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What is a Trust Deed?

Trust Deed | Guide

A Trust Deed is a form of insolvency, and could help you if you’re struggling to repay unsecured debts, such as credit cards, unsecured personal loans, store cards, catalogue debts, payday loans and overdrafts.

As long as the terms of your Trust Deed are accepted by at least half of your unsecured lenders, or by lenders accounting for one-third or more of your debt, it will become 'protected' by law. However, it’s impossible for anyone, including us at the Debt Advisory Centre, to guarantee that half your lenders will agree, as they’re under no obligation to do so.

If it becomes protected, a Trust Deed is a legally binding arrangement between you and your lenders, which enables you to repay as much of your unsecured debts as you can over a four year period. Anything that’s left outstanding at the end of the four years will be written off, however a Trust Deed can sometimes last longer than four years. This might happen if you have a payment break, for example. The extra time will be added to the end of your Trust Deed, extending its length.

You will make one regular payment to your Trustee, that’s the person who administers your Trust Deed, who then distributes the money to your lenders after payment of their fees and costs. Your lenders will expect you to pay as much as, but never more than, you can afford, so you may have to cut-back on any spending they believe is excessive.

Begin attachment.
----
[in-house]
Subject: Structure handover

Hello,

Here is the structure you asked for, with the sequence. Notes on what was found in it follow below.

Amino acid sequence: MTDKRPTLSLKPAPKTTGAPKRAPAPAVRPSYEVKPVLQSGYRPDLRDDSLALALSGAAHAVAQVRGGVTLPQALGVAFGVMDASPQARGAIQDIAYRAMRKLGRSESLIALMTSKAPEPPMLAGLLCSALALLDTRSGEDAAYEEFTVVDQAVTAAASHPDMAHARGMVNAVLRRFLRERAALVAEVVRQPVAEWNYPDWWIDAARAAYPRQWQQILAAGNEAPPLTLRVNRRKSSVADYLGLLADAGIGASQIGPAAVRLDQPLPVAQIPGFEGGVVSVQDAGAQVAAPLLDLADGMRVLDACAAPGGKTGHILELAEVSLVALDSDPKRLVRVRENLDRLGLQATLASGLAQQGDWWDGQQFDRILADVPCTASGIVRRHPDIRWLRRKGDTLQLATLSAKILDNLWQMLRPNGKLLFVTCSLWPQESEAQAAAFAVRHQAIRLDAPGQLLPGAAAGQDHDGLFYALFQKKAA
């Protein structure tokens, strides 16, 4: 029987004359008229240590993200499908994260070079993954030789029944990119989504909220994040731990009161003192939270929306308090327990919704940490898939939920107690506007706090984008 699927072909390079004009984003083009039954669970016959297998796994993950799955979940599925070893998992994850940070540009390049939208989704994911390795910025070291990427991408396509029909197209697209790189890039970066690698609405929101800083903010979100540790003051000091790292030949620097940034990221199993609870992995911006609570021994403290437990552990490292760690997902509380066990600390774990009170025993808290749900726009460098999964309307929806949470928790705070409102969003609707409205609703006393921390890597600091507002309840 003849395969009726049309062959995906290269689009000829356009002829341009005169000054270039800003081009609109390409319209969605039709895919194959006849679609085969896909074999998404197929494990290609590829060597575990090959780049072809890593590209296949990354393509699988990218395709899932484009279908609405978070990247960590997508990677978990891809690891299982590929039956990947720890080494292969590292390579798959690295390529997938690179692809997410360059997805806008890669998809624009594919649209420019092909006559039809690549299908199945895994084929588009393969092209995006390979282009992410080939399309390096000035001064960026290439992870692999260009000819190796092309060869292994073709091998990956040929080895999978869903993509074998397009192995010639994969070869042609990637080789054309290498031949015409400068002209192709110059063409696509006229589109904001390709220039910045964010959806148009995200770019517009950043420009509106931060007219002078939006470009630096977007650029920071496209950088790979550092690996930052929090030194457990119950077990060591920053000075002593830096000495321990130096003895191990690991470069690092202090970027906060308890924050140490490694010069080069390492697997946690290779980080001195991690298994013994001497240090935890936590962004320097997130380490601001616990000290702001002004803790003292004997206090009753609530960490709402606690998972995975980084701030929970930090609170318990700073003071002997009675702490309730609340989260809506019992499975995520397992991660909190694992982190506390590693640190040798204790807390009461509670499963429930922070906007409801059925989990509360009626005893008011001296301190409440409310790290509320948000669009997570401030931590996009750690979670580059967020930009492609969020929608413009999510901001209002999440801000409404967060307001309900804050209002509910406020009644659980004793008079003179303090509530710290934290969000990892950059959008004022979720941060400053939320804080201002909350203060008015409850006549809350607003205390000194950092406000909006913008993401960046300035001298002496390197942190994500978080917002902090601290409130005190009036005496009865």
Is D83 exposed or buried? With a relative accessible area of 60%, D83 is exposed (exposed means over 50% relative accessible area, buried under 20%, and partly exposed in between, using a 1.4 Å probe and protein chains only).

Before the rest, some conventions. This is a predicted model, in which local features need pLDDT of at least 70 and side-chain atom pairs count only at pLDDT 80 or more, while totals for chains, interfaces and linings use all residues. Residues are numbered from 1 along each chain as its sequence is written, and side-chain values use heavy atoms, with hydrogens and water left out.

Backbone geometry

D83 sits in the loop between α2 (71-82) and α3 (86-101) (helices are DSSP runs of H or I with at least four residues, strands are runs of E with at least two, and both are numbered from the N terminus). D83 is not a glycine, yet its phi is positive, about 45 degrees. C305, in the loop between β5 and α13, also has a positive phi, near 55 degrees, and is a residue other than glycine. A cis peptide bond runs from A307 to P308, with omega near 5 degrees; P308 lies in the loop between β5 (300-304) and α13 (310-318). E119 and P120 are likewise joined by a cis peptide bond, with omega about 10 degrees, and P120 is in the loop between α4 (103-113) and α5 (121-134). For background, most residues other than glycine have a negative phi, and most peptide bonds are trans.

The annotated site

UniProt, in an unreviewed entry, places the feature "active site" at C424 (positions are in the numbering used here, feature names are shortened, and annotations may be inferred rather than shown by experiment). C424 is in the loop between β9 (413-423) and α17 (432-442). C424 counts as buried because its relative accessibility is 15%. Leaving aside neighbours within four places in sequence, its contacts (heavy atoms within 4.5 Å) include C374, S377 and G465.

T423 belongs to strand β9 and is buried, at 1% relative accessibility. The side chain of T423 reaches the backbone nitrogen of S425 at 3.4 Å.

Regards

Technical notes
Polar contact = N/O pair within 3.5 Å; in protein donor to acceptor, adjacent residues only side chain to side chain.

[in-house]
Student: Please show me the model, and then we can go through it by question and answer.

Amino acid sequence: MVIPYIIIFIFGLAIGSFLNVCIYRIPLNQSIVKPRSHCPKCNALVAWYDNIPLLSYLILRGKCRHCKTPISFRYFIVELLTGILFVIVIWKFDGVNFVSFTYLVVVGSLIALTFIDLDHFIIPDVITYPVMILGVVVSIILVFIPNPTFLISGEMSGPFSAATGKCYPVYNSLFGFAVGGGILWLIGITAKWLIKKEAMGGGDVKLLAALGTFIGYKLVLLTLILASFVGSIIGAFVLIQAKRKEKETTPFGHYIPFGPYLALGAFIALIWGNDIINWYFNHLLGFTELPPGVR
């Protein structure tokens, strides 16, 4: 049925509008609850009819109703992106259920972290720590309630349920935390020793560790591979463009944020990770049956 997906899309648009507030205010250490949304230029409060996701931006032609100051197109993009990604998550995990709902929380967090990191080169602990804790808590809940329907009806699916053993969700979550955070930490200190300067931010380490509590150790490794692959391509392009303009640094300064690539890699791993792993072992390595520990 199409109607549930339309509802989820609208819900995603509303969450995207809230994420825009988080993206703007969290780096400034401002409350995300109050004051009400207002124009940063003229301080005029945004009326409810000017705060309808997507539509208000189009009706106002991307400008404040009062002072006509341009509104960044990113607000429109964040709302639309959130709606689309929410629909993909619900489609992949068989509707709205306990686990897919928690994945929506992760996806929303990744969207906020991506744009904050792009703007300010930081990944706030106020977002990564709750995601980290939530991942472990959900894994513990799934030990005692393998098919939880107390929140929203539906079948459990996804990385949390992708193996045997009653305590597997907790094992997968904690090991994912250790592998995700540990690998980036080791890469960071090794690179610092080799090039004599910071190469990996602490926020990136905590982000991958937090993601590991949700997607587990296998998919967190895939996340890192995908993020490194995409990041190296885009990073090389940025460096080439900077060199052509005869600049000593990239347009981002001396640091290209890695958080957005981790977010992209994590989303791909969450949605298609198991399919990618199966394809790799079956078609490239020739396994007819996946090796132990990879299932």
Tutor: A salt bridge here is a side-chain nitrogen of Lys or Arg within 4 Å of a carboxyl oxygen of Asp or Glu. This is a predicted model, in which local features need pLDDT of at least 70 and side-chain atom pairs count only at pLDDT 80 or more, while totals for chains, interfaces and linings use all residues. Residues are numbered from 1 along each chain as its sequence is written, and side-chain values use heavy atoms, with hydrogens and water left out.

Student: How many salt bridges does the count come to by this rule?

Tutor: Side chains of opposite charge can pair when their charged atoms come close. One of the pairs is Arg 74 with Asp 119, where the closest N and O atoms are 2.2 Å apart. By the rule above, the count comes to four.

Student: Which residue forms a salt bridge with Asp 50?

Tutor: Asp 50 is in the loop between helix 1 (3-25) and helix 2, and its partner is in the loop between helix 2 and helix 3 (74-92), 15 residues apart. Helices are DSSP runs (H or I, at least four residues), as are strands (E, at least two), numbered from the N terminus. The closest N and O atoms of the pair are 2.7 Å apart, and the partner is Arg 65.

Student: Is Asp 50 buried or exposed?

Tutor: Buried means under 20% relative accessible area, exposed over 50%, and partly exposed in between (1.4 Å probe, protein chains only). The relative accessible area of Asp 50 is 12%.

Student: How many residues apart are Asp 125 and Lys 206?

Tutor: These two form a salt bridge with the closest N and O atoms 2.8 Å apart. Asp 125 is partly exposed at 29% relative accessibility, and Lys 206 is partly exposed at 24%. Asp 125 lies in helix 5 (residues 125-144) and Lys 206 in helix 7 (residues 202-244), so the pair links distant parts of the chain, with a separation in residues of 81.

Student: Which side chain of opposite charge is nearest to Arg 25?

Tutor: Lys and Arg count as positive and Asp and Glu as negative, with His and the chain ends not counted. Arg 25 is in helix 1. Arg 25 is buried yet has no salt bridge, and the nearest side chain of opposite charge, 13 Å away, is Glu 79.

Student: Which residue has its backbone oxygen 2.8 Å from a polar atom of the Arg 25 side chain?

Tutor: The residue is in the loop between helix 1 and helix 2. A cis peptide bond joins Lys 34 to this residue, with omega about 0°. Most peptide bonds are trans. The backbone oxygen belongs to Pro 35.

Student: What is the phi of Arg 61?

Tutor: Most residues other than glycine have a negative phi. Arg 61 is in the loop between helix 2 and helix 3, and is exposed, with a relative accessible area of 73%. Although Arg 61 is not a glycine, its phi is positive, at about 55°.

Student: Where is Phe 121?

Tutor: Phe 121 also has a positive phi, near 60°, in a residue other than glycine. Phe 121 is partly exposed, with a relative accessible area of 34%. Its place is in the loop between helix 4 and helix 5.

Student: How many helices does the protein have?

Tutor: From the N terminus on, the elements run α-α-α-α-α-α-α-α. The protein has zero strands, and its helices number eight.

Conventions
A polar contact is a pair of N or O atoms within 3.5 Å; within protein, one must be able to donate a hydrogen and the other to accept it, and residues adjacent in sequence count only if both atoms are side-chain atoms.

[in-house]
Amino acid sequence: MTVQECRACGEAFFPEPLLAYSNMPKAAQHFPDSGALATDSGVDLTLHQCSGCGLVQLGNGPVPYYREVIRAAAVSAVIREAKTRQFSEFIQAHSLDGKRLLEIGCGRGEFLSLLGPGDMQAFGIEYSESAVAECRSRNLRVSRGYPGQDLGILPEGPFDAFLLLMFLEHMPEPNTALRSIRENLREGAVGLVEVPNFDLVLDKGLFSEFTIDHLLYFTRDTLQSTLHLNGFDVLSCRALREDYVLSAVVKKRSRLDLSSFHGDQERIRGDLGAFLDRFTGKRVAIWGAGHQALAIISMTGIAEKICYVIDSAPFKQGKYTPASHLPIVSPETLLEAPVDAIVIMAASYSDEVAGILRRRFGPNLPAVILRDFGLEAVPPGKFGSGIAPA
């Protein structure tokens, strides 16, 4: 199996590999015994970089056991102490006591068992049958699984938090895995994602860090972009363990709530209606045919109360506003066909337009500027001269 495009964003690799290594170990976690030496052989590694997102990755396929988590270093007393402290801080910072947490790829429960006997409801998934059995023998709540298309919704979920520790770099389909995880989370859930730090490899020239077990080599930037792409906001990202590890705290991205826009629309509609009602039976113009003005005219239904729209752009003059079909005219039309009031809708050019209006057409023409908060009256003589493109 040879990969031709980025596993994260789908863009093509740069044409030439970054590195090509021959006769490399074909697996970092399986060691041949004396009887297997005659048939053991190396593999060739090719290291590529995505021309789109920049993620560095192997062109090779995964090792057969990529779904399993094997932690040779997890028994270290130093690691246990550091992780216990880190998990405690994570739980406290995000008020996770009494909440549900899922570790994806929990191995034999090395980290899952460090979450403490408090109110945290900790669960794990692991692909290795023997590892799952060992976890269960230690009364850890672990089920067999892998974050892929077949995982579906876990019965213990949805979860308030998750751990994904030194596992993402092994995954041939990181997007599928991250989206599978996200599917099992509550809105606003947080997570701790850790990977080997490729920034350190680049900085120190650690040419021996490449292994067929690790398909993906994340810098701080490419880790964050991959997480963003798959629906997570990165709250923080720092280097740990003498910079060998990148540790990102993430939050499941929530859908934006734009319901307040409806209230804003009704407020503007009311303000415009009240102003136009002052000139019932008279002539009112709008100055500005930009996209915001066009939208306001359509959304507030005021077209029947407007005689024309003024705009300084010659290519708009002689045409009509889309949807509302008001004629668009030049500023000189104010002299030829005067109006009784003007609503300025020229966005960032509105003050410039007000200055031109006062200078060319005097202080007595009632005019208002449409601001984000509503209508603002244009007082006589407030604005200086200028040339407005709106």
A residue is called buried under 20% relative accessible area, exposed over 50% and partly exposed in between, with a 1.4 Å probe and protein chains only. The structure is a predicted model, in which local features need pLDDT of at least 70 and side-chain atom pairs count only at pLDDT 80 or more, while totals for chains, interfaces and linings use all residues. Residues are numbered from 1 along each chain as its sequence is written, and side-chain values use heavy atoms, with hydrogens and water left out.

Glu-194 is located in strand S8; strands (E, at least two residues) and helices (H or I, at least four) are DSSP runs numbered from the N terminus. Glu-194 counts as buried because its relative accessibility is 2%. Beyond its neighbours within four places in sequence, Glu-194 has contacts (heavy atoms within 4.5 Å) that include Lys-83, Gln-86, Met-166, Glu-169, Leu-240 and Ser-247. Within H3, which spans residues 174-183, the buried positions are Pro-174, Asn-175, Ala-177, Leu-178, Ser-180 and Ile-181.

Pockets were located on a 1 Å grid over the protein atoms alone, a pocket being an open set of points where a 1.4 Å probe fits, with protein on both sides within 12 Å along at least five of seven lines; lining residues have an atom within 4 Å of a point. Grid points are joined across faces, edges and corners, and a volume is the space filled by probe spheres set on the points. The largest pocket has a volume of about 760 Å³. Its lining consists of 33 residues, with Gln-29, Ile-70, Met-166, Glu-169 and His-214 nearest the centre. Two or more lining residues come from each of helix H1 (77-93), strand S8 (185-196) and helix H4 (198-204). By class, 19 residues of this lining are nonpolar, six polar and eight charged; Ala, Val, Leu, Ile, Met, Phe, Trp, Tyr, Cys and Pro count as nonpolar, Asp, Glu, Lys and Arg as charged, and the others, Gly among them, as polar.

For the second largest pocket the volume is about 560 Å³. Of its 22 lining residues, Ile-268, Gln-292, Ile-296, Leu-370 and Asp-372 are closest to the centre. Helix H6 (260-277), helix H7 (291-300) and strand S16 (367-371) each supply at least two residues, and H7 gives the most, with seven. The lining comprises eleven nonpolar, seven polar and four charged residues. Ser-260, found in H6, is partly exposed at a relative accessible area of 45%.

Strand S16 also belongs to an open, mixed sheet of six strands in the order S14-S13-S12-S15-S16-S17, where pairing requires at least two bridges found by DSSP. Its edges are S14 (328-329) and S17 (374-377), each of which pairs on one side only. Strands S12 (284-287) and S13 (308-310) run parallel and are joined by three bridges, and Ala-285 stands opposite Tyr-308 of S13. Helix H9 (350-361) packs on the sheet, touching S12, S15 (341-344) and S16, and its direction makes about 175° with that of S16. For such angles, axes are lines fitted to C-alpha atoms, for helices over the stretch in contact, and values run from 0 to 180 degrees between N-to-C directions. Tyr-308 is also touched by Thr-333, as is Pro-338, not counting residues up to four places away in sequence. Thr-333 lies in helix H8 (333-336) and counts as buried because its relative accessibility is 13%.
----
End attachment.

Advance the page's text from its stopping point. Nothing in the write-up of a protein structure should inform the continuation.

The payment will take into consideration your essential living costs, such as your rent or mortgage payments and food, utility and travel costs. You would be expected to sell any valuable assets you own and use the money to pay towards what you owe, although you are entitled to keep certain assets if they are essential, such household goods, cars (depending on their value) or tools that you need for work.

Unlike sequestration, where homeowners may be asked to sell their property to repay their lenders, a Trust Deed can help you stay in your home. You will agree with your Trustee at the outset how you wish to deal with your property, but if you have any equity in it, you will probably be asked to try to remortgage to release the equity and pay it into your Trust Deed.

Remortgaging whilst on a Trust Deed is likely to be more difficult and attract higher interest rates, but you’ll never be told to sell. If you struggle to remortgage, you will be expected to make up to 12 months extra repayments instead (but only up to the value of your equity). Please note, if you don’t keep up with the payments agreed in your Trust Deed, you could still potentially put yourself at risk of sequestration. If that happens, you can be forced to sell your home.

Is a Trust Deed the best Scottish debt solution for me?

There's no such thing as a solution that's 'the best' for everyone. A Trust Deed could be the most appropriate Scottish solution for you, it depends on your financial situation.

It’s important to speak to a debt advisor, as they can help you decide on the most suitable solution for your circumstances. We’ll cover the alternatives to Trust Deeds later on in the guide.

Next: How does a Trust Deed work?

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